Geotechnical engineering, then and now – PART I

Geotechnical engineering — A story to know

Throughout history, many catastrophic events could have been avoided if geotechnical engineering had been a reality at the time. Humans built structures such as buildings, bridges and dams, and dug tunnels and holes without the scientific knowledge to back their plans and thus ensure the stability and safety of their structures.

Let’s put first things first. You’ll ask, “What exactly is geotechnical engineering?”

Simply put, geotechnical engineering is the story of humans’ relationship with the Earth.

It’s also the science behind the mechanics of soils and rocks, and the art of applying that science to the development of civilization. After all, nearly everything around you is supported by soil or rock. Anything that isn’t either flies, floats or falls. It’s a simple fact.

In earlier times, geotechnical engineering was a process of trial and error, empirical experimentation and observational experience. Problems with structures like the Leaning Tower of Pisa led engineers to start using a more scientifically based approach to geotechnical engineering.


The 1700s: the beginning

Between the early 1700s and the 1900s, scientists like Darcy, Rankine, Coulomb, Boussinesq, Mohr and Atterberg published their theories, creating fundamental works on soil mechanics and water flow through soil. Furthermore, in the 1900s, several prominent organizations and societies were formed to advance the field of civil engineering.

There is particular recognition given to Karl von Terzaghi, an Austrian mechanical engineer who is considered to be the father of modern geotechnics, having written a classic book on soil mechanics that was published in 1925.

The International Society for Soil Mechanics and Geotechnical Engineering is born

It is in 1936 that Terzaghi and colleagues from 20 other countries founded what is now known as the International Society for Soil Mechanics and Geotechnical Engineering, or ISSMGE. Not surprisingly, he became the Society’s first president. Nowadays, this international society includes more than 90 member countries and 19,000 members, most of whom are geotechnical engineers, academics and contractors.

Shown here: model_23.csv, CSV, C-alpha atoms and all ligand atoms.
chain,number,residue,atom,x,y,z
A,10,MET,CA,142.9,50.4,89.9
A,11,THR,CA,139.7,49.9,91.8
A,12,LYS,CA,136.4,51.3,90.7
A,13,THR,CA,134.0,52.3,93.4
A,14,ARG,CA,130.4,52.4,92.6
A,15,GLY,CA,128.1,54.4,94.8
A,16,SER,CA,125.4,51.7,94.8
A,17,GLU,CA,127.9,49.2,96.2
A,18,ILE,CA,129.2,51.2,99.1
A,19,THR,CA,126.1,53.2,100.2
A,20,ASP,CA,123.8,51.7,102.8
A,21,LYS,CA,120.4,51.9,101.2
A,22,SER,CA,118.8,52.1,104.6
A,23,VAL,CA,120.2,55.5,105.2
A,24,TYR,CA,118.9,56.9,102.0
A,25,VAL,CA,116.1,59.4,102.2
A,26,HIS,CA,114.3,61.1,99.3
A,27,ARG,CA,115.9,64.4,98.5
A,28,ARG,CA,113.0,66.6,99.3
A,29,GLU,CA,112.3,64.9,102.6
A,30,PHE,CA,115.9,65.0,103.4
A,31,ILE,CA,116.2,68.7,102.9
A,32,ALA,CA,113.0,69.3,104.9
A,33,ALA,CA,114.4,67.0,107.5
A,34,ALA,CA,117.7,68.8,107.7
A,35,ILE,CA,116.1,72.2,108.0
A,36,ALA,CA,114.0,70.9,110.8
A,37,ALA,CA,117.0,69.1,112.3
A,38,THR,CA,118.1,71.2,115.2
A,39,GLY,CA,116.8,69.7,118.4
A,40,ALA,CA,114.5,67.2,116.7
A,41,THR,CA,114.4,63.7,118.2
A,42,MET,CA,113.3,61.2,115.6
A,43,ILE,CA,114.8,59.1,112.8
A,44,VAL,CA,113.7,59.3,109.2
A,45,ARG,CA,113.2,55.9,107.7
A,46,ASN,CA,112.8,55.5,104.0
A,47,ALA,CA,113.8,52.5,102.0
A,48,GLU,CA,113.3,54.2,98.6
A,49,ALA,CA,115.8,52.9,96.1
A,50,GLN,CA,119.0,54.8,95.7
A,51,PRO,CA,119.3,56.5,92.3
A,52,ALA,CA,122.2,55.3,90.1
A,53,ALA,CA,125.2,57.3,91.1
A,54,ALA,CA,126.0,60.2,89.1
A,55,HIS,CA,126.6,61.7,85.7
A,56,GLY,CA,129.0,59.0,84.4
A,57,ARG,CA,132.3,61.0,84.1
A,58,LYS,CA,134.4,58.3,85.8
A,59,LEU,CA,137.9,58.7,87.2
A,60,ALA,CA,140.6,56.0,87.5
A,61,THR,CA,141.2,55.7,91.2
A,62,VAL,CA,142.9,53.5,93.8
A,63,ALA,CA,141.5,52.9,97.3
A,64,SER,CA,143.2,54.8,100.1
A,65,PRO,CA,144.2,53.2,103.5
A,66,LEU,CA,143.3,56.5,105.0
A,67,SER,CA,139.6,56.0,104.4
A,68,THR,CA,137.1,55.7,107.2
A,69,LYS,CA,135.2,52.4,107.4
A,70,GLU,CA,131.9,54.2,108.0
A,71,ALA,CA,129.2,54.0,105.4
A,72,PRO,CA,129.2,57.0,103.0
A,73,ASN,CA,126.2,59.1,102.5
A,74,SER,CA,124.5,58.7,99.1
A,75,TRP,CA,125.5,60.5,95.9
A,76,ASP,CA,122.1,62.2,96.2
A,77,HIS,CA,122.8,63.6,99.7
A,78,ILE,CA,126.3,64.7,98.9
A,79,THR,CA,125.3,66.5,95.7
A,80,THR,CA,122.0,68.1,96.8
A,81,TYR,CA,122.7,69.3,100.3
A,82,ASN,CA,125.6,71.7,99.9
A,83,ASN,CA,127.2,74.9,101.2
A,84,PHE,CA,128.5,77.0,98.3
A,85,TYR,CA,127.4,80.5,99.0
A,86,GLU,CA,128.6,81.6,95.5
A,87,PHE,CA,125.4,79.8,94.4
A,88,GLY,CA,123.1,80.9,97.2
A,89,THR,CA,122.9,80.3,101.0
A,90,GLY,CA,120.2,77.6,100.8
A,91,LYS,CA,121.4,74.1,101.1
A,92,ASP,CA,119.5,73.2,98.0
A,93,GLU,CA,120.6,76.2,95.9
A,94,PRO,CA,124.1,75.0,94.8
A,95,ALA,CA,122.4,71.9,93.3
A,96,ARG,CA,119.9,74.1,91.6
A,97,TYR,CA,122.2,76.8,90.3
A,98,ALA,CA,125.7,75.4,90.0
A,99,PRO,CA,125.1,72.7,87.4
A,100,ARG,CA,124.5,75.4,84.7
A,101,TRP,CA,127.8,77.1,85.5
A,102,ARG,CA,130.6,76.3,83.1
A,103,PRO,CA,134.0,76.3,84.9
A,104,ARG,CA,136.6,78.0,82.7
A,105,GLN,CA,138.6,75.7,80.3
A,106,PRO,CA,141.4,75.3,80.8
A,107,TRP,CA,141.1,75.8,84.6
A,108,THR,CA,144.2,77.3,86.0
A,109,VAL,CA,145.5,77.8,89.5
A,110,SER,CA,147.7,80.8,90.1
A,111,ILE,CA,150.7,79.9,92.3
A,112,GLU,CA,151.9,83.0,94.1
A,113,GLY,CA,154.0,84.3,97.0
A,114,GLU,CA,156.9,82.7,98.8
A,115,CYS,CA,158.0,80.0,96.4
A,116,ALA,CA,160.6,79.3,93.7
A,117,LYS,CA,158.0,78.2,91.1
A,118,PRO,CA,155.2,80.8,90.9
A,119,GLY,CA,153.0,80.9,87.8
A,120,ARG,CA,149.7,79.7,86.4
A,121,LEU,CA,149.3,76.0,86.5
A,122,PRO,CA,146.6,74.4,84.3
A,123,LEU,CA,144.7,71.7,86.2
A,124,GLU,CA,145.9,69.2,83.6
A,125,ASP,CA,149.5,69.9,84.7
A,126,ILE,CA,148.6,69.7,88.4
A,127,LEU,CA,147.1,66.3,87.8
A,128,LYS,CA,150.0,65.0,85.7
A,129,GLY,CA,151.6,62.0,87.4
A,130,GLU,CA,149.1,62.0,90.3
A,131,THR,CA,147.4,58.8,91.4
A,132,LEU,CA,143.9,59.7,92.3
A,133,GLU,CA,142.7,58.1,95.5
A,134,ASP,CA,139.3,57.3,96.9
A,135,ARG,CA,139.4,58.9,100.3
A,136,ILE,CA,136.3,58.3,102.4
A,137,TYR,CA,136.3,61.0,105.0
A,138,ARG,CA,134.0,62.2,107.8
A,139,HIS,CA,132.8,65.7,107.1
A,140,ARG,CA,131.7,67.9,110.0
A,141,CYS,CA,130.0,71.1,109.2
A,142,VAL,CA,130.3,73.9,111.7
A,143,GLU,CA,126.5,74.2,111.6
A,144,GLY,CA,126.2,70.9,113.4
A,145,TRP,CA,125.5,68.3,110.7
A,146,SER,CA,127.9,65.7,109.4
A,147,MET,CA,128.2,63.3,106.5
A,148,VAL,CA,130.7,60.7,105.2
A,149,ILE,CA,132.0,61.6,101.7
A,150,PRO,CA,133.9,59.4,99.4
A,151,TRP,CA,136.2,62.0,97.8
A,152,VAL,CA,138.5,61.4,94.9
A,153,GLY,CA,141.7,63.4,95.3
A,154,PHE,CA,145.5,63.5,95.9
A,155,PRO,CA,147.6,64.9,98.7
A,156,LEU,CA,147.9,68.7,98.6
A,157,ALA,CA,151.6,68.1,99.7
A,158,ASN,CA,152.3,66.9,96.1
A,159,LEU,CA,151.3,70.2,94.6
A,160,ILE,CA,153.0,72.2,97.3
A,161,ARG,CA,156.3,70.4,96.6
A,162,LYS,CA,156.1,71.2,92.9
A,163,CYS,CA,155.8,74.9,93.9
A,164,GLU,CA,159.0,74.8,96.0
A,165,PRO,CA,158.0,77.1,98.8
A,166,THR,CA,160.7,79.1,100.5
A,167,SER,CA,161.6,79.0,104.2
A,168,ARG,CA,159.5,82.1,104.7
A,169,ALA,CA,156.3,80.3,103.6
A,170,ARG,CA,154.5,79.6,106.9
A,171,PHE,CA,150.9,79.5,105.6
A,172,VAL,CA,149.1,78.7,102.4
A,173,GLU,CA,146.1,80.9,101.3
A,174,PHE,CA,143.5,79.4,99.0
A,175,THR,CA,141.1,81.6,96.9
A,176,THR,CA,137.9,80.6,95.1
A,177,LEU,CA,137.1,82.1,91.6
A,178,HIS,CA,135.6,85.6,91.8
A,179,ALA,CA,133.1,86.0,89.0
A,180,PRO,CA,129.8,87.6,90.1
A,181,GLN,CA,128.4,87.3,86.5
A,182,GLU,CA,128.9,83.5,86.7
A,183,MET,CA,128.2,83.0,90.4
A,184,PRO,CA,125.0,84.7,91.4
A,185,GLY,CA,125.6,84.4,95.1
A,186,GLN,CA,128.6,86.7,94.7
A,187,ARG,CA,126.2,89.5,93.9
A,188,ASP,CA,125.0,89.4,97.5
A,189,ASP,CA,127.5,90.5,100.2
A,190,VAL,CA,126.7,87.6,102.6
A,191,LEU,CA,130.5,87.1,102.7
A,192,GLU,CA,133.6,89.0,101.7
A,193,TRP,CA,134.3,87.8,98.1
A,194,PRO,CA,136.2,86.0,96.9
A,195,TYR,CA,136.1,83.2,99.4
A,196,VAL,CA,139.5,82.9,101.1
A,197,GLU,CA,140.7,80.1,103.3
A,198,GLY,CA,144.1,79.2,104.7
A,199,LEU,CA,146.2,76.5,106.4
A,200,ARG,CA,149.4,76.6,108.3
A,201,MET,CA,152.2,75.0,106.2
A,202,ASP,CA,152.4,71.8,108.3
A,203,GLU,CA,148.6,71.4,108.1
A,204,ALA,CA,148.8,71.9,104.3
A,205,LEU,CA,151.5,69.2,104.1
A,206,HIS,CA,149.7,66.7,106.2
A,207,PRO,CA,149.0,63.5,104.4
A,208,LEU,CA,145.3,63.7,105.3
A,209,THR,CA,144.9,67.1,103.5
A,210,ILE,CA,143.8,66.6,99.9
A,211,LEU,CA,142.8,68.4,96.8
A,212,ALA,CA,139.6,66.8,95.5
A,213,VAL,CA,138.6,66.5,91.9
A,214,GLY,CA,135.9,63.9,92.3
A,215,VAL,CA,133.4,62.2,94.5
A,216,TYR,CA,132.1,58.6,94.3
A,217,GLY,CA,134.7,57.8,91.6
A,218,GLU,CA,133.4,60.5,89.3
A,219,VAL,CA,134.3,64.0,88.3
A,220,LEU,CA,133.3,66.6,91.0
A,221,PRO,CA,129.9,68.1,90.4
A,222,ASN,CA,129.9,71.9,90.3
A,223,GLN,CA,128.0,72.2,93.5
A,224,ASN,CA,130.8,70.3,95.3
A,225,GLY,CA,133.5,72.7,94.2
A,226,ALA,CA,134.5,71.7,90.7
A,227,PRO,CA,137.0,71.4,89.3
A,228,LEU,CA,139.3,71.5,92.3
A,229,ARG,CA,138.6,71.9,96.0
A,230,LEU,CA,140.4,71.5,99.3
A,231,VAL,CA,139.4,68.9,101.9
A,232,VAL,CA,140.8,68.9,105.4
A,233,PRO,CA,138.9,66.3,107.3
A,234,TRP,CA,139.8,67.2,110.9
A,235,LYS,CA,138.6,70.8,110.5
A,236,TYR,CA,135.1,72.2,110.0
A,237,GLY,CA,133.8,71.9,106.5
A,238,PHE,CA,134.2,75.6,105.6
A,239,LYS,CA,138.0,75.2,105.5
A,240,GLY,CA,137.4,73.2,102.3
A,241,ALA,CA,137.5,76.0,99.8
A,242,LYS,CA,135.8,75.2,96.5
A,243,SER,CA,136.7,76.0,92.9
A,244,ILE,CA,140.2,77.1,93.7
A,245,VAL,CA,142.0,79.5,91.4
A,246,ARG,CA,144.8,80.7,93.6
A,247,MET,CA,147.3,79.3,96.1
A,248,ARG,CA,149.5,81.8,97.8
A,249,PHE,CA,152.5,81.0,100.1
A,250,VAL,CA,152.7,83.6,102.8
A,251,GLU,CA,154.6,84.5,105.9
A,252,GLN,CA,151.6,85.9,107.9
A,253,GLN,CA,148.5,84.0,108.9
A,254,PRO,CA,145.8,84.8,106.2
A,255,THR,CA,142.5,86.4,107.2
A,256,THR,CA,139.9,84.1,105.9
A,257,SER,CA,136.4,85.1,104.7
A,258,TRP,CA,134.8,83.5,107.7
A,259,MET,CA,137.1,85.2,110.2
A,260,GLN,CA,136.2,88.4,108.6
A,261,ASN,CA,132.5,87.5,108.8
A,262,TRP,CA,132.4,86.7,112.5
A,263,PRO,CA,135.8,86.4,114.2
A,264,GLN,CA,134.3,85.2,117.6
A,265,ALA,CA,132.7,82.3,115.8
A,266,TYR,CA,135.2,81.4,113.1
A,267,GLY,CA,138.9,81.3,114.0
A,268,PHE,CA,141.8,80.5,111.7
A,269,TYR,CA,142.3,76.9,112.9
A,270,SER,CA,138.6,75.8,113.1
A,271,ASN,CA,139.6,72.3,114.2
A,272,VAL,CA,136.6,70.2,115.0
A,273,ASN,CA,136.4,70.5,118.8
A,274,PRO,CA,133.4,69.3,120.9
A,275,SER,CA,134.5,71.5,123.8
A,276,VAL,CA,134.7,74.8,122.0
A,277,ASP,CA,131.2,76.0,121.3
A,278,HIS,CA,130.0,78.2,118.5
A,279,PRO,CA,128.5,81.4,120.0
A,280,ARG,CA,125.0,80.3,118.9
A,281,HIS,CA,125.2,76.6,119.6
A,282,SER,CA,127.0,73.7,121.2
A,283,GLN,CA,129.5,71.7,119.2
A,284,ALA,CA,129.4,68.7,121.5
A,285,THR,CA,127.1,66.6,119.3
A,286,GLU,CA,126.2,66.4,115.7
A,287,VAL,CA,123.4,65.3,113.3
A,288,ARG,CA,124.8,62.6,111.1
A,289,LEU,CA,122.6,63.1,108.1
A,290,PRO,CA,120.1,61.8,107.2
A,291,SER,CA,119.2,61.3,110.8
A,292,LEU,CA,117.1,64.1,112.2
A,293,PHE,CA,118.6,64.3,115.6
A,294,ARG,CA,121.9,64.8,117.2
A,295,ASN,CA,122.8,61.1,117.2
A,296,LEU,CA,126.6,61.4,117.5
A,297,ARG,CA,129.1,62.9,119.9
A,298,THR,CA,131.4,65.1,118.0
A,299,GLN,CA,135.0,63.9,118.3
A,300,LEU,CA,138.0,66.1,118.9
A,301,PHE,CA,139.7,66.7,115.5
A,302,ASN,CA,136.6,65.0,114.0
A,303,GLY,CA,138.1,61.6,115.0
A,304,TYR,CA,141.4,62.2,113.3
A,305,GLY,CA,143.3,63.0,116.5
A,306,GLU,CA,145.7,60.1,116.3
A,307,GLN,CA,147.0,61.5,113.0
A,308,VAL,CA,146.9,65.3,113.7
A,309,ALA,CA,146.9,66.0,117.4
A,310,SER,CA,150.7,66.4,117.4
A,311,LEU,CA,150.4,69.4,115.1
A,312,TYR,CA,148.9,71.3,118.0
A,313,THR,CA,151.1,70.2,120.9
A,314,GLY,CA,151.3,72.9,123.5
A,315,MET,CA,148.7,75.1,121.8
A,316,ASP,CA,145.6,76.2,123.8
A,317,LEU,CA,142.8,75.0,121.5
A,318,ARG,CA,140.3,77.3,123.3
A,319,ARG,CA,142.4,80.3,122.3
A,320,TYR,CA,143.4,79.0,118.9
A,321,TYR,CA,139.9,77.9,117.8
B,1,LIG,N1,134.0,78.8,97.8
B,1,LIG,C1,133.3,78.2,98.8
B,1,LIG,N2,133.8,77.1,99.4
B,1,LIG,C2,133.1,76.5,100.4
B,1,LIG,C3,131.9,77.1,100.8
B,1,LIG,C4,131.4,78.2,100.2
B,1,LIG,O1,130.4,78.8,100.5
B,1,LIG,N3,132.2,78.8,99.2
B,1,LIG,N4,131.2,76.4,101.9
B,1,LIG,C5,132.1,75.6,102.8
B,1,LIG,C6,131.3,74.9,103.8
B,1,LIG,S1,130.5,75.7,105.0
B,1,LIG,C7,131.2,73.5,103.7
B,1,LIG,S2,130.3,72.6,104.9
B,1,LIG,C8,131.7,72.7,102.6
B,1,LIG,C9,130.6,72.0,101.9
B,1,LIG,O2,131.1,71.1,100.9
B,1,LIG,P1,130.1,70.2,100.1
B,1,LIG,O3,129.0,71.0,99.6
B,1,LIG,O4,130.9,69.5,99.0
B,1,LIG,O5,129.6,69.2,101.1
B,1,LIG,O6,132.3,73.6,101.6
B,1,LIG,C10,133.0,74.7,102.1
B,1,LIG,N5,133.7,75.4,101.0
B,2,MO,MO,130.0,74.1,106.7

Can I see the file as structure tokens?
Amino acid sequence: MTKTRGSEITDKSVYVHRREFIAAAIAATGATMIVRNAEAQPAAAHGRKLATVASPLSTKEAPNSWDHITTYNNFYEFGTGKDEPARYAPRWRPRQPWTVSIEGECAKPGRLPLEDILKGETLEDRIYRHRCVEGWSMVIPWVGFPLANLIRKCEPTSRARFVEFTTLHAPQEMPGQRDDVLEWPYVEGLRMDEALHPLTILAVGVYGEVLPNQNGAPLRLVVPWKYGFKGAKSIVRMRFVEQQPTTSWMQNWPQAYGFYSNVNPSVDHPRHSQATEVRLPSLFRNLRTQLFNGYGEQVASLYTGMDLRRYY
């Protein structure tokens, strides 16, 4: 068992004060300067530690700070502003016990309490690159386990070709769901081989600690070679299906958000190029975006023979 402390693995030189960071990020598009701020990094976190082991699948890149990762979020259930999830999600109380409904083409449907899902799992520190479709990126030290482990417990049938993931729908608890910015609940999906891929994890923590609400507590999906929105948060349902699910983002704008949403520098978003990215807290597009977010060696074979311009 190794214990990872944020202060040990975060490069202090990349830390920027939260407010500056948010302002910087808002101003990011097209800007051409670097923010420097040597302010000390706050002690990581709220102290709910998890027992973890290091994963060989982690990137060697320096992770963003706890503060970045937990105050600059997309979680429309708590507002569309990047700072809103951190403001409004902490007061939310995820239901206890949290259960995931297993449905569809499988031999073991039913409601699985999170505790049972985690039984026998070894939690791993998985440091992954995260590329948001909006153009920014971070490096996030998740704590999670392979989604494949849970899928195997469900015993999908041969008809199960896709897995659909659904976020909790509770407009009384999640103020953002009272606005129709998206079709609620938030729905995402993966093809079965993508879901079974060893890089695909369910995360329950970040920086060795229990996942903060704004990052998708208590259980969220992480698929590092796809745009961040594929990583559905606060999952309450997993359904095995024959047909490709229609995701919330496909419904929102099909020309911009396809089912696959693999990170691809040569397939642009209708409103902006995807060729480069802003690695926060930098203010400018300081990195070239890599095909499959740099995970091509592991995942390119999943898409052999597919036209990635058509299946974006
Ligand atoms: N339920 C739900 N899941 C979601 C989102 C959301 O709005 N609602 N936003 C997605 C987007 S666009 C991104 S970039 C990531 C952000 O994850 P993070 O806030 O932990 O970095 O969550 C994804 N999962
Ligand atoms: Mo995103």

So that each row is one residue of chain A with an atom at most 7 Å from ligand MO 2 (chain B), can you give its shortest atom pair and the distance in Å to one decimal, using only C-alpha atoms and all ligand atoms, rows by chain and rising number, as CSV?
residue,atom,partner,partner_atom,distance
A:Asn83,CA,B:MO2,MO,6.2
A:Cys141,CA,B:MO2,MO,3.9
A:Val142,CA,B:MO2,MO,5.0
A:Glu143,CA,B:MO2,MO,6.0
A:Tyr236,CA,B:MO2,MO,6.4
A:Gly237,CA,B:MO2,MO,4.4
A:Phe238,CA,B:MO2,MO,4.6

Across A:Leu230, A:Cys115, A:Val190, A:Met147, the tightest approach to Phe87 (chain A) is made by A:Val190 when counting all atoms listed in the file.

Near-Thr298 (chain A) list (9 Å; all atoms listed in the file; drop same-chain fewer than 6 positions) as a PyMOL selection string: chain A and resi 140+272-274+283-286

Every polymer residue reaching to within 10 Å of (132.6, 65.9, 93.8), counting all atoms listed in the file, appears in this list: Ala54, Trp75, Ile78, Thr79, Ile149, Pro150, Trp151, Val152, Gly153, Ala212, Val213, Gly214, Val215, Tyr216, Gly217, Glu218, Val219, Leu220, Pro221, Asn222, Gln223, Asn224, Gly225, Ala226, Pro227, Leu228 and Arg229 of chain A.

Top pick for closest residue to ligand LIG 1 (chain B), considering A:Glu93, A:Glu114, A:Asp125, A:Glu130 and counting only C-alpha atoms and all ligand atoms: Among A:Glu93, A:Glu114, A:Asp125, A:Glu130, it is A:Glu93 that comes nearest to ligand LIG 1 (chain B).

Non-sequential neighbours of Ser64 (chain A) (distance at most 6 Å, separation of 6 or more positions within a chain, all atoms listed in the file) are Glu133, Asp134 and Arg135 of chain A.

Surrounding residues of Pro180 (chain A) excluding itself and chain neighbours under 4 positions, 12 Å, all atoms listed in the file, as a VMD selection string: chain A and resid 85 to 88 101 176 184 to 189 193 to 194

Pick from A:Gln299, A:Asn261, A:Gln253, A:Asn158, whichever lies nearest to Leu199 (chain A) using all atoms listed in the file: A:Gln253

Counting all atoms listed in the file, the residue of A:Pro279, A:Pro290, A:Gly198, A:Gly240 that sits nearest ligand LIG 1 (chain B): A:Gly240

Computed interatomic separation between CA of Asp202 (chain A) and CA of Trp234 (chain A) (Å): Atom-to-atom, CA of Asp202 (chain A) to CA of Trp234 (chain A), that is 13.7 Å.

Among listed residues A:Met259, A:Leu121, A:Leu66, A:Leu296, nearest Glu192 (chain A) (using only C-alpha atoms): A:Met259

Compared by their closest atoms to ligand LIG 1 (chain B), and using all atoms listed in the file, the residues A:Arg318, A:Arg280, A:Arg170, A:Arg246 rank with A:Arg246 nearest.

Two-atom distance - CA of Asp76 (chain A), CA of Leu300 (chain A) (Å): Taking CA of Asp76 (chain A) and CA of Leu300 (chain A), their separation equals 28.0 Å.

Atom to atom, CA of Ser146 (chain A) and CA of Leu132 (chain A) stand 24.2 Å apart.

Hidden truths

What most geotechnical engineers do is, well, buried. However, it is an essential discipline with a vast scope, since all constructions must sit on or in the ground. Soil is a highly complex material that varies in grain size, strength, cementation and behaviour. This makes the task of analyzing it all the more challenging for geotechnical engineers. In fact, it arguably makes the discipline one of the most complex in the field of civil engineering.

Key operations: investigating, evaluating, designing and building

Using the fundamental principles of rock and soil mechanics, geotechnical engineers investigate what is known as sub-surface conditions. This allows them to evaluate, plan and design a number of activities: assessing the stability of man-made soil deposits and natural slopes; planning earth works with cuts and fills; determining whether foundations should be deep or shallow; designing retaining walls, dams and tunnels along with many other works that interact directly with water and subsoil.

To deal with the various challenges this profession faces, the ISSMGE has established 30 different technical committees over the past 50 years. Each of these committees represents a specific aspect of geotechnical engineering.

Each site is unique

Every site has its own set of components

The soil at one site is invariably different from any other site, requiring thorough analysis. This makes all geotechnical projects different. For that reason, the first step of any geotechnical project is investigation. Phase one involves drilling into the soil and rock layers while performing field testing and collecting samples to be later analyzed in a lab. After determining the properties of the rocks and the soil present, geotechnical engineers are able to design the project, which includes determining the environmental impact. Investigations may also involve assessing the risks to humans and property and minimizing the risks associated with natural disasters such as landslides, earthquakes, sinkholes, rock falls and even soil liquefaction.

We will continue with this topic and share how it has evolved into the discipline we know today in our next article. Stay tuned for more!